It’s time for the rest of America to catch up with Hawaii. Though Hawaii’s love of Spam is the product of historical forces, there’s nothing outdated about appreciating the canned meat. In fact, Spam is a paragon of modern foodie ideals.
Consider that Spam contains not only ham (meat from the hind leg of the pig) but also pork shoulder. Today, pork shoulder is beloved by chefs and home cooks, but when Spam first hit the shelves, it was an underutilized and underappreciated cut. Hormel took that underrated meat and transformed it into a salty, meaty treat. “It’s a centuries-old idea,” says Hawaiian chef Alan Wong, who pays homage to Spam in his eponymous Honolulu restaurant. “You get all your trimmings and you turn them into sausage or a meatloaf or pâté or a terrine.” I’ve never seen a meat-eater turn up his nose at sausage or pâté—what rational basis is there, then, for eschewing their all-American cousin?
In fact, Spam is even simpler a concoction than most pâtés—it almost passes Michael Pollan’s five-ingredient test. (In In Defense of Food, Pollan argues that, to avoid eating too many processed foods, you shouldn’t buy anything containing more than five ingredients.) I’m not here to argue that Spam’s secretly been a health food all these years, but consider this: Hot dogs, which Americans eat with abandon, contain around 15 ingredients, many of them obscure chemicals. Spam contains six: pork (shoulder and ham), salt, water, sugar, sodium nitrite, and potato starch. (The last of these forms the goo on Spam that grosses some people out.) Sodium nitrite, which preserves meat and prevents bacterial growth, has a bad rap but its effects on health aren’t fully understood (and, in any event, we consume more nitrites from vegetables than from cured meats).
And thanks to Spam’s simplicity, it makes a wonderful ingredient in its own right. Chef Gordon Ramsay gave voice to a common misperception last year when he said he decided to become a chef to escape the “sliced, disgusting fucking Spam” his mother often served when he was a child. Well, if you serve “Spam straight out of a can” the way Ramsay says his mother did, you’re doing it wrong. Spam is fully cooked and technically comes ready to serve, but only the unimaginative stop there.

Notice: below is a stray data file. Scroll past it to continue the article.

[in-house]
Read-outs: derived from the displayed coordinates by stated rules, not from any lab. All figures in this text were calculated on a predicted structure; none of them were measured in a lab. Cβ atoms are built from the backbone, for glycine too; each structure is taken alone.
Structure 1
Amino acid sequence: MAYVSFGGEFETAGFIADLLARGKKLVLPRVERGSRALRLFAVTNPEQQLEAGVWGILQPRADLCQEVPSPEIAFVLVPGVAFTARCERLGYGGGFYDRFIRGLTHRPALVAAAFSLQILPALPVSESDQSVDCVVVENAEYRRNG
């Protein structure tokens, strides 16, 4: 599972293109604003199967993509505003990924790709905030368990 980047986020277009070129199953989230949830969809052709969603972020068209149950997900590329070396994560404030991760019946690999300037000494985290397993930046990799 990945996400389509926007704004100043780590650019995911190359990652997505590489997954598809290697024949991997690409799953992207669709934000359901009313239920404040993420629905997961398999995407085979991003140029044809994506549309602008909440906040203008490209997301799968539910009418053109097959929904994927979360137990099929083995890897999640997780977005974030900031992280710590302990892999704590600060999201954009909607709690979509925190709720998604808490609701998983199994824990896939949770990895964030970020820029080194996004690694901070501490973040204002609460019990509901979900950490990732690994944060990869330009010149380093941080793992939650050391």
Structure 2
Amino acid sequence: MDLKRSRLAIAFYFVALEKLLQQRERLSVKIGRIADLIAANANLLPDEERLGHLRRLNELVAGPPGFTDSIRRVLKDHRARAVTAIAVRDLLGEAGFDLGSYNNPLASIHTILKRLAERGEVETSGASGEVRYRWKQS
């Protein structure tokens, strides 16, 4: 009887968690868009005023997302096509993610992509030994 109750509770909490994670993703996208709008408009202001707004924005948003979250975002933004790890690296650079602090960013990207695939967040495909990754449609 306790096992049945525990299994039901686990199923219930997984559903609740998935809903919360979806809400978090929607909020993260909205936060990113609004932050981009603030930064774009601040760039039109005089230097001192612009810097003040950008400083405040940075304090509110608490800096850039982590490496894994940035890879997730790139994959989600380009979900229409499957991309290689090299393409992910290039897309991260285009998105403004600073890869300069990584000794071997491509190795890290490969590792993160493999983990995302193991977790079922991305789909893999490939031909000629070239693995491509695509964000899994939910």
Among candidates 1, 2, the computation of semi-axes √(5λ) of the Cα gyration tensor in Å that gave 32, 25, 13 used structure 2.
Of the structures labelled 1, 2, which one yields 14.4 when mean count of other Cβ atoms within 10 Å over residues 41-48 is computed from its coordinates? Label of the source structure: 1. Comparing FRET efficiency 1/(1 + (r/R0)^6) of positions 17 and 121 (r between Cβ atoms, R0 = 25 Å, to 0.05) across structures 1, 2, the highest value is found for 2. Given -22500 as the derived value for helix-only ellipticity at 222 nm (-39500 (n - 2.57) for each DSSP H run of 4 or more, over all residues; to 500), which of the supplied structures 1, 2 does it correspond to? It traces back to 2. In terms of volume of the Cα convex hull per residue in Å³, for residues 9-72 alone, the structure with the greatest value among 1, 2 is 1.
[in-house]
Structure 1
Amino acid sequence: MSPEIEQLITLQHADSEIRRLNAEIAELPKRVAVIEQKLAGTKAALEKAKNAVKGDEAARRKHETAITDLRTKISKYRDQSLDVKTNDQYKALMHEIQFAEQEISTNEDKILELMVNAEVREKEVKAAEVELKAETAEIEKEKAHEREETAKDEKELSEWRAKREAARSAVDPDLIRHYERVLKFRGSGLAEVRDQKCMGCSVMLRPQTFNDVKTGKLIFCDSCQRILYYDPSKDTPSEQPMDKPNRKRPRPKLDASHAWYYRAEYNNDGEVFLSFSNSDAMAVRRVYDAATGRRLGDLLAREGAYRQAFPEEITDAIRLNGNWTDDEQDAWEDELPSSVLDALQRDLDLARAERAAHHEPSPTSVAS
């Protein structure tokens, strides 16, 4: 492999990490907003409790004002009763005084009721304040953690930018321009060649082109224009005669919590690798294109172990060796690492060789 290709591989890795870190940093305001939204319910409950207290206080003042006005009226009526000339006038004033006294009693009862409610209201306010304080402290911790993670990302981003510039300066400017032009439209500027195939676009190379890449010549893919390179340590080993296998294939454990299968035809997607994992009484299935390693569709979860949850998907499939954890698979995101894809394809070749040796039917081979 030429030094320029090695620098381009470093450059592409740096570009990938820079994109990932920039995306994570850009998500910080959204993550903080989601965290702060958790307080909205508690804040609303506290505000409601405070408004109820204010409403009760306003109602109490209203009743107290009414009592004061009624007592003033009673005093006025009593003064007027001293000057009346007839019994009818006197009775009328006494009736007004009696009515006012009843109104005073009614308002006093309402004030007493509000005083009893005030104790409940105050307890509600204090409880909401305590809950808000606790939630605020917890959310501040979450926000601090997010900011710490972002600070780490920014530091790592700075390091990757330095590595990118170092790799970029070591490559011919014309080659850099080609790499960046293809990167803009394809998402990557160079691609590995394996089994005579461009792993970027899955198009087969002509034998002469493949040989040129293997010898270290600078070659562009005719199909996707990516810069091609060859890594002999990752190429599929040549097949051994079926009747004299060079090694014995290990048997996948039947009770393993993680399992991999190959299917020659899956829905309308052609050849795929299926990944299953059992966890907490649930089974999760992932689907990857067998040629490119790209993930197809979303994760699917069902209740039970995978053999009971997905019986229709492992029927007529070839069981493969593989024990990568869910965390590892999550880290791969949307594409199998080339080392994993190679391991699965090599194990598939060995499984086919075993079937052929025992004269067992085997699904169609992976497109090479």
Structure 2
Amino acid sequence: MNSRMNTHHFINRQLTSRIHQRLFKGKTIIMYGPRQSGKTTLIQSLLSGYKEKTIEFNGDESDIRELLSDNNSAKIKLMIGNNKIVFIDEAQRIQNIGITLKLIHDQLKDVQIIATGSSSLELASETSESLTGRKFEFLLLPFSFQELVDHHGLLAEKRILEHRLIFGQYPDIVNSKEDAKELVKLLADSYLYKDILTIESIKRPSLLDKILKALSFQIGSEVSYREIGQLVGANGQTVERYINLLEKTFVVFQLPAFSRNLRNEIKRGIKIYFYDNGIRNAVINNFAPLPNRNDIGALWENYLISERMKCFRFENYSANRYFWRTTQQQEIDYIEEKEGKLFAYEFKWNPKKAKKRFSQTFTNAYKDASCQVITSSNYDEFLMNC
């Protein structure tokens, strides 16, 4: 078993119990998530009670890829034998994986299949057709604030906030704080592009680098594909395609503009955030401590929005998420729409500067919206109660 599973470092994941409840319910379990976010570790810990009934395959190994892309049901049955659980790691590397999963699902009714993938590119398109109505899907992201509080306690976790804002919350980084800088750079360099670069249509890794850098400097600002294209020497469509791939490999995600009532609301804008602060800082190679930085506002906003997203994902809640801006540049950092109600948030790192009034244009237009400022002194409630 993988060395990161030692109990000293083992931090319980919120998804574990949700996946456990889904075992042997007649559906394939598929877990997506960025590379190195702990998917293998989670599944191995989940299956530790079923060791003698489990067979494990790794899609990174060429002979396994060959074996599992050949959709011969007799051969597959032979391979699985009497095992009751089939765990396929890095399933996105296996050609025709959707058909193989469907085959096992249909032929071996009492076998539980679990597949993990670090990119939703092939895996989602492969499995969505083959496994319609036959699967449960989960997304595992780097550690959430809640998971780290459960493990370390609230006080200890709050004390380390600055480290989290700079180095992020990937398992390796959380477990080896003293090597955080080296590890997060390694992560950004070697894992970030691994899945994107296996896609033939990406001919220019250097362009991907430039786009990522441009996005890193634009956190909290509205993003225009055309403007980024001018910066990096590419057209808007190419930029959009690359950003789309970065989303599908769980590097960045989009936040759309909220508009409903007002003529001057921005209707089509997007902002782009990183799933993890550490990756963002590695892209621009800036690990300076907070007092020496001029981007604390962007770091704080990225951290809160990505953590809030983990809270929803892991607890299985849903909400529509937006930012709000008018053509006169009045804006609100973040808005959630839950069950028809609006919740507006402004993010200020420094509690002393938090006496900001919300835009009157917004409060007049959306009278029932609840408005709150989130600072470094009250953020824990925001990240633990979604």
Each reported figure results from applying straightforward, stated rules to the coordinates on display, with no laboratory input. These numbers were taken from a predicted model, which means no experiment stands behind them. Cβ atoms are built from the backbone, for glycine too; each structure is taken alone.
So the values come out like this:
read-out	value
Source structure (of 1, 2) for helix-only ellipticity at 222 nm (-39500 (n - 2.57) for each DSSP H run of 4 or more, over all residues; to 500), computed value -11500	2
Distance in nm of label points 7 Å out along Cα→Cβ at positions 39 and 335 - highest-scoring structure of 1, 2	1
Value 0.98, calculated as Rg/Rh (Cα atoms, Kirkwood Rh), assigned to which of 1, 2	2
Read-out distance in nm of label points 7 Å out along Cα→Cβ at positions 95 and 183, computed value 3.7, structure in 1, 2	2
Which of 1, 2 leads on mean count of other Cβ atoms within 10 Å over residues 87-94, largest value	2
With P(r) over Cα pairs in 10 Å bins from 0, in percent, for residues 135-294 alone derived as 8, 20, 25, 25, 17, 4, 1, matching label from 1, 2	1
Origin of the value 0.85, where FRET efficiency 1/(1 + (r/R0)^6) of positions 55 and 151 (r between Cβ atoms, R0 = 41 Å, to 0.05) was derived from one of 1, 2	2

For creative cooks, a can of Spam is as versatile of a blank slate as a chicken breast. Wong incorporates house-made Spam, which he calls Spong (“when Spam meets Wong”) into several dishes at his upscale restaurant. He serves it in tortillas with classic taco garnishes, sandwiches it in baguettes for bành mì, and rolls it into Spam meatballs.
Hiura prefers to serve Spam like bacon: sliced extra thin, fried until brown and crispy, and eaten with eggs and rice. He also likes to prepare it with a teriyaki-like sauce and stir-fry it with vegetables, or eat it with saimin (Hawaii’s version of ramen). Hawaiian fast-food restaurants offer tasty Spam-based recipe ideas, too: You can buy it alongside Portuguese sausage, eggs, and rice in a McDonald’s breakfast platter and in a Croissan’wich at Burger King.
But if you’re looking for the most iconic Hawaiian Spam dish, look no further than Spam musubi—basically, Spam rice balls. “It has taken over as the favorite way to eat Spam,” says Ann Kondo Corum, whose Hawaii’s Spam Cookbook and its sequel are local best-sellers. She dedicated an entire section to Spam musubi varieties in the second book. The essential formulation consists of a block of white rice (molded in either a special musubi mold or the bottom of an empty Spam can), topped with a slice of fried and seasoned Spam, all wrapped in a strip of dried nori (seaweed).
In other words, Spam musubi looks a lot like sushi—and that comparison may be instructive. Just a few short decades ago, most Americans wouldn’t have dreamt of eating raw fish. Today, sushi is ubiquitous. It’s amazing how delicious the results can be when you open your mind.